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[168] by the blessed privilege of spreading ever living flowers upon his grave.

Charles Christopher Blacknall was born in Granville county, North Carolina, December 4th, 1831. He was a brother of Dr. George W. Blacknall and Major T. H., and father of Mr. Oscar Blacknall—a man of letters and well known from his productions in the Atlantic Monthly and the newspapers. He married Miss Virginia Spencer, of Oxford, who still lives to mourn the death of her true and manly husband. These facts we get from Captain Capehart's recently delivered memorial on Colonel Blacknall, and from the Henderson Gold Leaf, whose editor, commenting on the truth and beauty of that address, adds his own eulogy of the dead:

Colonel Blacknall had ardent patriotism, high conviction of right and principle, and an engaging manhood. His presence was attractive, his gifts were many, his heroism of a lofty type.

Such a man must needs have made an ideal Southern soldier. He received his death wound at the battle of Winchester, September 19, 1864. Having his foot shattered by a ball from a cavalryman's carbine, amputation failed to arrest the gangrene that subsequently set in, and he died on March 4th, being administered to by the good ladies of Winchester. He was buried by Christie's side—both Colonels of the 23rd North Carolina and par nobile fratrum. While the remains of Christie have been transferred to his home, Blacknall sleeps in the Stonewall cemetery at Winchester — a fact, which, whether of deliberate choice on the part of friends or not, seems fitting to meet the idea of the patriot bard: ‘Where should a soldier rest but where he fell.’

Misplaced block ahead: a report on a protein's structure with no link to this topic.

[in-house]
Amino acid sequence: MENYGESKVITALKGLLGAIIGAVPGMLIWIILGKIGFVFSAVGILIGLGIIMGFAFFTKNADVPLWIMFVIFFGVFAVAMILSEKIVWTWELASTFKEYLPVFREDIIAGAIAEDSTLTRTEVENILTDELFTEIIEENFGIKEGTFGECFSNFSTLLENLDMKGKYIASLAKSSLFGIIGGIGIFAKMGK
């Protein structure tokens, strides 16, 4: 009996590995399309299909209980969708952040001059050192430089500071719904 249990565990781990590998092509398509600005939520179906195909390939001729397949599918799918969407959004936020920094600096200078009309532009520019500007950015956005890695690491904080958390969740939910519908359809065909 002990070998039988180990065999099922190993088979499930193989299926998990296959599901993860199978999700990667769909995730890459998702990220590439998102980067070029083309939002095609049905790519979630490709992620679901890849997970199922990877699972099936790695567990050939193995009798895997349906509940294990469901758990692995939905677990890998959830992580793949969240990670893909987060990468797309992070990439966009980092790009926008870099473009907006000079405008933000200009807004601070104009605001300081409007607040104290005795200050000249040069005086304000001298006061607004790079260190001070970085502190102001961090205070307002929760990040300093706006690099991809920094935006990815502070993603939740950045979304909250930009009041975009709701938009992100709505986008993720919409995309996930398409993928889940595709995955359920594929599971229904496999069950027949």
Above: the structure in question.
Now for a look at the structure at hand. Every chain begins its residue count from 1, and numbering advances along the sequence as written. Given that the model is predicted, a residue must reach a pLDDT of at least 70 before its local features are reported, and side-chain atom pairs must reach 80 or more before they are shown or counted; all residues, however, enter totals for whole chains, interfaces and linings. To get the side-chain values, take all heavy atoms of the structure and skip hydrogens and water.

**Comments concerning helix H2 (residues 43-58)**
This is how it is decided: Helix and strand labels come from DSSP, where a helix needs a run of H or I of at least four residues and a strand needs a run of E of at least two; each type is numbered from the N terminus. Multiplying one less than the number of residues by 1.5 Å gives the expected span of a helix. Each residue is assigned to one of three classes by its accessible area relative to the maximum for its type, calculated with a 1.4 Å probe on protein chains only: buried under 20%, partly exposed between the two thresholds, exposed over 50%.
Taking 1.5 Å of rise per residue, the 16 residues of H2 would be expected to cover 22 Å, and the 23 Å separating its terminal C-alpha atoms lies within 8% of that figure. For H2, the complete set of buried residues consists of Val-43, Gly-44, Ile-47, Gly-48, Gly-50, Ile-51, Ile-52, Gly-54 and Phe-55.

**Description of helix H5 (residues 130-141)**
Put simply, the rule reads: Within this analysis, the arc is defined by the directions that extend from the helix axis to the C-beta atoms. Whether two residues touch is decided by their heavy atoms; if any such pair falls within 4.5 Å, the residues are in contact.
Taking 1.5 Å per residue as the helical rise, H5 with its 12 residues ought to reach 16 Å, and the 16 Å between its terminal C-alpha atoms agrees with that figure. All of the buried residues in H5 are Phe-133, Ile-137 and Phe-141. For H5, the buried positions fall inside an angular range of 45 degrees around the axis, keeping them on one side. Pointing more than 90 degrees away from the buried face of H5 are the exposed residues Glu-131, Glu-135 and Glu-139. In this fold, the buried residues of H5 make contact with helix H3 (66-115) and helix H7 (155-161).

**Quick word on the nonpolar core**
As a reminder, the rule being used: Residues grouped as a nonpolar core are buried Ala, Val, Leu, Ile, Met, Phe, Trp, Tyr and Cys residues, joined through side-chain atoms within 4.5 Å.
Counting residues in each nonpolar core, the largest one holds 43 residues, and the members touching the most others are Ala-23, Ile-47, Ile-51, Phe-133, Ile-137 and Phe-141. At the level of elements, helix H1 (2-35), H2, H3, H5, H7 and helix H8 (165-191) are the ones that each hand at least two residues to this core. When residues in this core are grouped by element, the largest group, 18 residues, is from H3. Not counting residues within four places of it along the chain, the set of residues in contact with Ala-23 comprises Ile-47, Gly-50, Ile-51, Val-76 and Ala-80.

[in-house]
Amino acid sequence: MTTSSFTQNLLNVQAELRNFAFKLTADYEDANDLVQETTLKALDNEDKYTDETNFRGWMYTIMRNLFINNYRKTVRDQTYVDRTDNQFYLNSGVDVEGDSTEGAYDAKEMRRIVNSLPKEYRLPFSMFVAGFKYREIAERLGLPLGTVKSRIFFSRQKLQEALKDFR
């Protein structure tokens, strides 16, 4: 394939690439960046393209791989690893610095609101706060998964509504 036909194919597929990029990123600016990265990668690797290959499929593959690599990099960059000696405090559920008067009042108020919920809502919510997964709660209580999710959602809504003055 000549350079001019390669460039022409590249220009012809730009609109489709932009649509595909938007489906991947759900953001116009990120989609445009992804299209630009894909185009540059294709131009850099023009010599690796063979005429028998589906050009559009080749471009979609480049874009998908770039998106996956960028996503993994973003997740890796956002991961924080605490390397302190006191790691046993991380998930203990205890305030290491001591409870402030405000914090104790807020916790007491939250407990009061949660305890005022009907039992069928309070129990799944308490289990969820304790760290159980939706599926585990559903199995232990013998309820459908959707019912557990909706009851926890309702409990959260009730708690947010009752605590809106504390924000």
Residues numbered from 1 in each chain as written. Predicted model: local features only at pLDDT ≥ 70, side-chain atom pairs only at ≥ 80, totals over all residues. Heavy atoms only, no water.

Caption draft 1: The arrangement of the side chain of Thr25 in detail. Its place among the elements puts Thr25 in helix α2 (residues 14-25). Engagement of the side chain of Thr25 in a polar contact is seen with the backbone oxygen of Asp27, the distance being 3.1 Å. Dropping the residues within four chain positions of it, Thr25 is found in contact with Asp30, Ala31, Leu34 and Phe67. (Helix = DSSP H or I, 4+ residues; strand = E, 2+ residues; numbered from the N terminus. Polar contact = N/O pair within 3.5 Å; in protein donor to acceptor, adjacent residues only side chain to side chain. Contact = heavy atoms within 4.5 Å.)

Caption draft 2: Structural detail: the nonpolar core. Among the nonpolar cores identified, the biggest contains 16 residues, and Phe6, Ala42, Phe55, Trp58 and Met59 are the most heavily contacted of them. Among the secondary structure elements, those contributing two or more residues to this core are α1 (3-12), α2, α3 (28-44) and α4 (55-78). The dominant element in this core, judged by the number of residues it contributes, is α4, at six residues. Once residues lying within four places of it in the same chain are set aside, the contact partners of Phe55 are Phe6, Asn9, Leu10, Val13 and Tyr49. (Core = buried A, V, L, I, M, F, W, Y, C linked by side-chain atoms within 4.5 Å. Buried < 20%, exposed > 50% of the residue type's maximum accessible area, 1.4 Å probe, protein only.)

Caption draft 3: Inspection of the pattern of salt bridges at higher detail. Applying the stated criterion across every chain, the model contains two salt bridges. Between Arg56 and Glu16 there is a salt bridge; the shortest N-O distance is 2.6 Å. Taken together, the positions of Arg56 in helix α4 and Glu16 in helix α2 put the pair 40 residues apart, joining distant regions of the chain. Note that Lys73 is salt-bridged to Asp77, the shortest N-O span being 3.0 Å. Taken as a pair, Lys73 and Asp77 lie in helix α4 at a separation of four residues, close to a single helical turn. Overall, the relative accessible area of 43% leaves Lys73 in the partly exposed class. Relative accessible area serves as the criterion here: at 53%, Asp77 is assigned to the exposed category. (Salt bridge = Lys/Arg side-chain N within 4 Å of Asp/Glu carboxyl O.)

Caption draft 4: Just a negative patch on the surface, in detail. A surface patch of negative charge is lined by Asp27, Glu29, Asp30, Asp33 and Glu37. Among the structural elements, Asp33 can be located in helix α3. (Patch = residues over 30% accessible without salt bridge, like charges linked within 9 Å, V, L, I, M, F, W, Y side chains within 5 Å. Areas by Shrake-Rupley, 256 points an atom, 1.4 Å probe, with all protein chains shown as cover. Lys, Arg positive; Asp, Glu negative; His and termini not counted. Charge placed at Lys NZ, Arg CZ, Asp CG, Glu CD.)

To return to the regiment. We would be only too glad to have given a more detailed, as well as extended, account of battles already referred to, which friends have furnished us, particularly of Chancellorsville and Gettysburg; but it is probably well to have left that to the more general historian, since the action of one command, in any given fight, may be taken, as a rule, to be the action of all under the guiding hand and genius of their respective leaders. For the purposes of this sketch, an extensive account of any battle is not called for; hence, for the remaining report to be given, we propose to condense as much as possible.

After Gettysburg the remainder of the brigade, which was then almost without a field officer, refused longer to serve under Iverson, and Lieutenant-Colonel R. D. Johnston was made Brigadier-General. Iverson was removed and Lieutenant-Colonel Robert D. Johnston,

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